DIY Metal Detector | Hackaday

If you want to get rich by hunting with a metal detector, you might want to consider how much you invested in the hardware to start with. Finding a tin can with a $200 detector might not make economic sense. But building a metal detector yourself doesn’t have to be hard, as [Mirko] shows in a recent post. His STM32-based pulse induction metal detector looks good and works well, as you can see in the video below.

[Mirko] reports that the device can detect a coin at 30 cm and a large metal object at more than 80 cm. The project uses the Arduino IDE and a Blue Pill STM32 module. The project looks good with an LED module and a rotary encoder to set sensitivity.

Pulse induction metal detectors use a single coil to send and receive short pulses. This differs from the more common BFO-style which uses two frequencies that produce a beat frequency that changes in the presence of metal. These use two coils and are more affected by mineralization — the interference caused by minerals in the soil — and general interference. Typically, BFO detectors have less sensitivity, especially at a distance.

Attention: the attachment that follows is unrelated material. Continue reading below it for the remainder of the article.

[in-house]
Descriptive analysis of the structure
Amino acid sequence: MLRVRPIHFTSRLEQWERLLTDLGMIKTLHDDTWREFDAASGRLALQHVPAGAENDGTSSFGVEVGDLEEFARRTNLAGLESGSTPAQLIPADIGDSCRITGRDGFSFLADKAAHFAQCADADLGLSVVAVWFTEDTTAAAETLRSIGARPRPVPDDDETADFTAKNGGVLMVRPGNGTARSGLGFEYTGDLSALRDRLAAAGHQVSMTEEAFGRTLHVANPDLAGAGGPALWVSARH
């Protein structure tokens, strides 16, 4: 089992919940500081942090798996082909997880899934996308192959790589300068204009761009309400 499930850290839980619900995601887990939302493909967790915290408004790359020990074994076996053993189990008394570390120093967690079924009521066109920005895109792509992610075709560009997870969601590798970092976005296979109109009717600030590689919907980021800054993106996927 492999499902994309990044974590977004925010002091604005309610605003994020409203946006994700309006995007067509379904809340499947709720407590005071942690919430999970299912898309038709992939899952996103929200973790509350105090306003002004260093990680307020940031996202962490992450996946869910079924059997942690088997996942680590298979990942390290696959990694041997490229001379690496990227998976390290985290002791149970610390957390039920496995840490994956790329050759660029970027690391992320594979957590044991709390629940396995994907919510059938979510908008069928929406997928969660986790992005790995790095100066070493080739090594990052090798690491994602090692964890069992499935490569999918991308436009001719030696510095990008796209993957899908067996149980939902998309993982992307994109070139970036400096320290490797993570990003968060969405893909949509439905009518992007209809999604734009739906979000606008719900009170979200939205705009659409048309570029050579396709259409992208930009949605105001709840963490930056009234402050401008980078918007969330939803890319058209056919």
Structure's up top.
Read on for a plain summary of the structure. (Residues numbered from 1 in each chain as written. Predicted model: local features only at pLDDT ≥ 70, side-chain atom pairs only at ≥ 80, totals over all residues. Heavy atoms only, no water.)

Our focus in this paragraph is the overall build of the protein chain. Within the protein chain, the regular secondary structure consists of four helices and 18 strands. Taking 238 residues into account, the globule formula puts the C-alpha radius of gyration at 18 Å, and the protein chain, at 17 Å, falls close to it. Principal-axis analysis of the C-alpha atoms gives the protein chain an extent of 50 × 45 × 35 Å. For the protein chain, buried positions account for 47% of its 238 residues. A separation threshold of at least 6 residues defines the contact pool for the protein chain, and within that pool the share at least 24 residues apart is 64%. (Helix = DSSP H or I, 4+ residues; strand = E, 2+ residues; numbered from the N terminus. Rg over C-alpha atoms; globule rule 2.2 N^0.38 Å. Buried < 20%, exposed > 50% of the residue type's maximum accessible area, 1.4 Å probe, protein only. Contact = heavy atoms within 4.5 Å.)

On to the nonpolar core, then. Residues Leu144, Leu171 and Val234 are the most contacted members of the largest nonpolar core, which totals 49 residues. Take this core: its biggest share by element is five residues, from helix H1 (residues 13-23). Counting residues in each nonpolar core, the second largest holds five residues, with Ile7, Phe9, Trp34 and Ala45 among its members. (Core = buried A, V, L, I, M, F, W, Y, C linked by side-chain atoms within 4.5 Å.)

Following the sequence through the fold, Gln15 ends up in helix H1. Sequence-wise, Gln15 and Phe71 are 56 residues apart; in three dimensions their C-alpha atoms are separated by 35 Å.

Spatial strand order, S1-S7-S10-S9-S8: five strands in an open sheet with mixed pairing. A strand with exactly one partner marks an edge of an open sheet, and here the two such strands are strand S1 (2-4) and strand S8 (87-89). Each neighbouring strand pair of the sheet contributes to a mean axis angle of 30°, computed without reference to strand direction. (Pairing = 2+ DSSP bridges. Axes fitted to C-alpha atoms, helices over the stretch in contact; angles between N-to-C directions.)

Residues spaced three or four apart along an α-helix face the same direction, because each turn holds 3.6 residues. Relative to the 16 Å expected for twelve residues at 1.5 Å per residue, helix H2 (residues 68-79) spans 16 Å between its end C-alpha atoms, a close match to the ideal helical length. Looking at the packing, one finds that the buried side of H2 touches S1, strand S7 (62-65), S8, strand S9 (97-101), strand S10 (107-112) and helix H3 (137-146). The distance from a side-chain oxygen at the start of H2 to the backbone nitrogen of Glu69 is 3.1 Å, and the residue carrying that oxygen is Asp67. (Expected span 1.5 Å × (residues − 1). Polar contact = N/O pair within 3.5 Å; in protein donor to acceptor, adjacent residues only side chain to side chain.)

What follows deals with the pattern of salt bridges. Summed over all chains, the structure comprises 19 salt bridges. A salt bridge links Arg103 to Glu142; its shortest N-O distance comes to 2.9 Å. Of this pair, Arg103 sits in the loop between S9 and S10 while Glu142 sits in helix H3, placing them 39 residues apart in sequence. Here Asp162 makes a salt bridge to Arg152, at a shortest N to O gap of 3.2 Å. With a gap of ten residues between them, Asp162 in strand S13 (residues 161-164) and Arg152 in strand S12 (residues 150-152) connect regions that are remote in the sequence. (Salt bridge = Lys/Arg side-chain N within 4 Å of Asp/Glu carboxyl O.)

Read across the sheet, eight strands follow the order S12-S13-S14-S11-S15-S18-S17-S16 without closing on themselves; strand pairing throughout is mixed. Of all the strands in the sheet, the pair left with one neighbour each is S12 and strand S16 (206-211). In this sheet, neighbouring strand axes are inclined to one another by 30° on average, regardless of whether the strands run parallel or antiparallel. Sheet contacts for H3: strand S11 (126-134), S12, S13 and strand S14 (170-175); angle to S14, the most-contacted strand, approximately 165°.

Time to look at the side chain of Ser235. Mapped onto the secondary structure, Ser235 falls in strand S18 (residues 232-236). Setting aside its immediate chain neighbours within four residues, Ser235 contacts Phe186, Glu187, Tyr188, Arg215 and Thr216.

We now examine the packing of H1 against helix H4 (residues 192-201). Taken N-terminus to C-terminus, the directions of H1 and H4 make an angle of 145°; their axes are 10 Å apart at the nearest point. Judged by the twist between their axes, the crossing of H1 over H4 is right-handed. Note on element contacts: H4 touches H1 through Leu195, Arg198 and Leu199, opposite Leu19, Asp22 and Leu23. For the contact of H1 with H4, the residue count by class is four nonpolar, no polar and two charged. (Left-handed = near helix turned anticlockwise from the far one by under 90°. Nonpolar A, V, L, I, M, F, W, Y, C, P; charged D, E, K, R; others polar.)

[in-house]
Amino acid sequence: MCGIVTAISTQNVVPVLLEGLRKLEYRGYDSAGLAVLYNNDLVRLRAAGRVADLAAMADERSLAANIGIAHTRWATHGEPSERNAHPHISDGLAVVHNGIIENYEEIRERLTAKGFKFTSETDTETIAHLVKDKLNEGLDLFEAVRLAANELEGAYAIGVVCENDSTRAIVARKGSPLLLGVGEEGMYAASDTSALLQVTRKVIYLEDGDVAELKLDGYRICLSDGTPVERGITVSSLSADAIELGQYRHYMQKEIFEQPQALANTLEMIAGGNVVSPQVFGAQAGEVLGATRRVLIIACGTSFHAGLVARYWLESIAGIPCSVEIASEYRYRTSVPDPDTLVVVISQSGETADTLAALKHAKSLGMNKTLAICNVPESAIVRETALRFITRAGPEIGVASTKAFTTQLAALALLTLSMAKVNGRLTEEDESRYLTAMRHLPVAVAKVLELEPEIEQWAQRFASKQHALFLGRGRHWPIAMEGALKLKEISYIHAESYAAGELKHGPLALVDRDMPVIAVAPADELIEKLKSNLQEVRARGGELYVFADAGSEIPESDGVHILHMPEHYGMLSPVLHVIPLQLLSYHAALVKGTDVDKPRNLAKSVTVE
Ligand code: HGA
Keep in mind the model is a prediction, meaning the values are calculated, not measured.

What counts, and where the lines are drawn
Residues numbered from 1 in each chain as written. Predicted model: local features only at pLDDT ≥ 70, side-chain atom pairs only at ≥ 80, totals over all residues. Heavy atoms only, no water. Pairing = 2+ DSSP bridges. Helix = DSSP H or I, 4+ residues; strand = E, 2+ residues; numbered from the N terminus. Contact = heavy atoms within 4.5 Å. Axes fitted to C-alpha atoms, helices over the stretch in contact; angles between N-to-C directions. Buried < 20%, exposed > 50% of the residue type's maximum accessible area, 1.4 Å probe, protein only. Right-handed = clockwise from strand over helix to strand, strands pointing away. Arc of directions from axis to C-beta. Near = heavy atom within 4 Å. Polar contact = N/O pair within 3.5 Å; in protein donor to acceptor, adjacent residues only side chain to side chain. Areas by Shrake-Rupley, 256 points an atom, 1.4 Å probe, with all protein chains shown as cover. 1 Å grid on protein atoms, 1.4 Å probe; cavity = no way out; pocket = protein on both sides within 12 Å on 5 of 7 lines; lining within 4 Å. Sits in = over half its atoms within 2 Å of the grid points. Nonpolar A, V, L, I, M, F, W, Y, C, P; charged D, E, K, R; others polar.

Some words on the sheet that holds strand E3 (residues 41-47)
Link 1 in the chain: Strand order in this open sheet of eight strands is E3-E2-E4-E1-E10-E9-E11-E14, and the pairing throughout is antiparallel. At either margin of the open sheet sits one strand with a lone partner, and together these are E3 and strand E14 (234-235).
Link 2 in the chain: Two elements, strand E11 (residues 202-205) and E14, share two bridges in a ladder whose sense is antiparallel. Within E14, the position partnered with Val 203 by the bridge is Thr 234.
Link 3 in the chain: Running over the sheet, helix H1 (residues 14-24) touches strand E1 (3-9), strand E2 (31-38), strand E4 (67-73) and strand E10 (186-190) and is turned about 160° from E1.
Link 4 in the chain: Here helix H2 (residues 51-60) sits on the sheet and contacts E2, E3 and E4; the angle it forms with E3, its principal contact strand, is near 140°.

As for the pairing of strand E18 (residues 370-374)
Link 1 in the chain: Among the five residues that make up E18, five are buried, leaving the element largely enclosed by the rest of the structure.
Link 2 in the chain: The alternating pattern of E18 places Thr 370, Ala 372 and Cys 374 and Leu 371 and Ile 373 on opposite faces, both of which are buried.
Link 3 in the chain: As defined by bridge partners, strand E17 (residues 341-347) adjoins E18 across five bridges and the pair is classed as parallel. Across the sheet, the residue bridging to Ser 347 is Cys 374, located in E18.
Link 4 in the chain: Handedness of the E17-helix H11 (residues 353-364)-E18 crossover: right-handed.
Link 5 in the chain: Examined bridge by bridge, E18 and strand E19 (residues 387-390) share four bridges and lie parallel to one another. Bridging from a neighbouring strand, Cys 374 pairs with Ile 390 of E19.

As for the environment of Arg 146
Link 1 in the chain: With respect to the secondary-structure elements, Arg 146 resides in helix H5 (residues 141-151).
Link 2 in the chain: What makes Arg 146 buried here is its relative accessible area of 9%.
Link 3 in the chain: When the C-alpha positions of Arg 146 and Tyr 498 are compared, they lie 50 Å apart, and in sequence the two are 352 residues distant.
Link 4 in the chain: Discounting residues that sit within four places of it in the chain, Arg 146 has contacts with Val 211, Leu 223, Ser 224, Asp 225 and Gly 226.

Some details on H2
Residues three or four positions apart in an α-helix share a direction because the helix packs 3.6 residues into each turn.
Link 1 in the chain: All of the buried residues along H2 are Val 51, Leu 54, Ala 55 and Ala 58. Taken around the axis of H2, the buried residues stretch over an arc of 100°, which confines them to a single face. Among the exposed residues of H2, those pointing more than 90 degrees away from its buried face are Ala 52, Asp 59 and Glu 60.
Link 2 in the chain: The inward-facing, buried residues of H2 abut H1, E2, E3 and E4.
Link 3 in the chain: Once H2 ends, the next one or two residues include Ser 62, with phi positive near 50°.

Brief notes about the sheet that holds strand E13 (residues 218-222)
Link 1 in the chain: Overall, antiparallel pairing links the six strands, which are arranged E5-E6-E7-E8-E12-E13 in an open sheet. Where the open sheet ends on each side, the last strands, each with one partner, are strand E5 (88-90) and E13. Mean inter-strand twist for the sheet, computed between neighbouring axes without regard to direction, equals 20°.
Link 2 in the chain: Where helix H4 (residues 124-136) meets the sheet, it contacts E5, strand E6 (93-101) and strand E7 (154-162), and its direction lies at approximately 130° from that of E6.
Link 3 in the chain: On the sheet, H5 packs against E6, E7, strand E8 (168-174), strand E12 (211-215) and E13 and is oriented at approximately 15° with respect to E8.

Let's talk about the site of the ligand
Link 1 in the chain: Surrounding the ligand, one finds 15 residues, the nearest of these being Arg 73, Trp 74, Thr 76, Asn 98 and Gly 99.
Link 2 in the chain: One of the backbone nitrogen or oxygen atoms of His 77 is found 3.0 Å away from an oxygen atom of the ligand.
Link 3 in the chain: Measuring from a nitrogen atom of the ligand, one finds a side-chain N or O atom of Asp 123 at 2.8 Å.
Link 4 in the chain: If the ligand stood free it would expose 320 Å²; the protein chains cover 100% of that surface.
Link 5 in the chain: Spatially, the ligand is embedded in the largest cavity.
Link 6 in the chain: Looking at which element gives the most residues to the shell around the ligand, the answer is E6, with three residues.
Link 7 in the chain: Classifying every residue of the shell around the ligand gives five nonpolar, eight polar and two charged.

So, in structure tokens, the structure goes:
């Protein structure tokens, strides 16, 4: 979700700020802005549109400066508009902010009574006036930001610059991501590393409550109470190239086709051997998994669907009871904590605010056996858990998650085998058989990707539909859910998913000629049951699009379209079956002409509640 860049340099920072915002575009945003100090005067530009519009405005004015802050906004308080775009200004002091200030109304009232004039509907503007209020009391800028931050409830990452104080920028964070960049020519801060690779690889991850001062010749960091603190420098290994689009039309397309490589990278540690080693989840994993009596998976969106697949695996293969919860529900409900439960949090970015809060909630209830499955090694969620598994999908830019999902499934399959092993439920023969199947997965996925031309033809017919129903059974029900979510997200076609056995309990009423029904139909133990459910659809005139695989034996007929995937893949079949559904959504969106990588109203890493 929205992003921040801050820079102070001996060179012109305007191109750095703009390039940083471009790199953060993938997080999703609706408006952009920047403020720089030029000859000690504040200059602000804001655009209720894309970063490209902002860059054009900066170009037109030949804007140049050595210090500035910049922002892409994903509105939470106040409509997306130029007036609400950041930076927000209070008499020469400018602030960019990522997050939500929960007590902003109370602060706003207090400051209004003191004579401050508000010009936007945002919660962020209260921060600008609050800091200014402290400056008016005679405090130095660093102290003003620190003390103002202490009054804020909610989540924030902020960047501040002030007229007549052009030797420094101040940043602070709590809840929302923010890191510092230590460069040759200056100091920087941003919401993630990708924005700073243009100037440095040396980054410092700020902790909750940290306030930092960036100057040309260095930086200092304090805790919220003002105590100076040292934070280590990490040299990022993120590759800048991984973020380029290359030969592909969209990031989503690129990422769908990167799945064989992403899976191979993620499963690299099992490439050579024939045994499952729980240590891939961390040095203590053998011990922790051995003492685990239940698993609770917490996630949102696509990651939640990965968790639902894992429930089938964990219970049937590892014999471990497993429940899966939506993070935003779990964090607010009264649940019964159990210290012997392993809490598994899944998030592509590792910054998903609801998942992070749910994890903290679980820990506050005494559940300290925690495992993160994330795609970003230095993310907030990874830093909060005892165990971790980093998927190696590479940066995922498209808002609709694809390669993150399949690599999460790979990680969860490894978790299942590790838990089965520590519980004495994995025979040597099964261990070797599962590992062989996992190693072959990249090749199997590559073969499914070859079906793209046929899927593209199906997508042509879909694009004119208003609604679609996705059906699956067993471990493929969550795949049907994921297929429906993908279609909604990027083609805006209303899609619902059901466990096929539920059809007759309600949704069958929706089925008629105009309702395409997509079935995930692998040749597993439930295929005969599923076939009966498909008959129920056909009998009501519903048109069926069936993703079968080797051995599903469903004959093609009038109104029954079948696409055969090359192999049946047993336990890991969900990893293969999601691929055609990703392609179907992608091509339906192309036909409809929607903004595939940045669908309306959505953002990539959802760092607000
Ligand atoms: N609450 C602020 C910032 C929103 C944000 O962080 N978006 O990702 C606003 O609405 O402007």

This isn’t the first pulsed induction detector we’ve seen. Of course, for a simple one you can — to forestall comments — use a 555.

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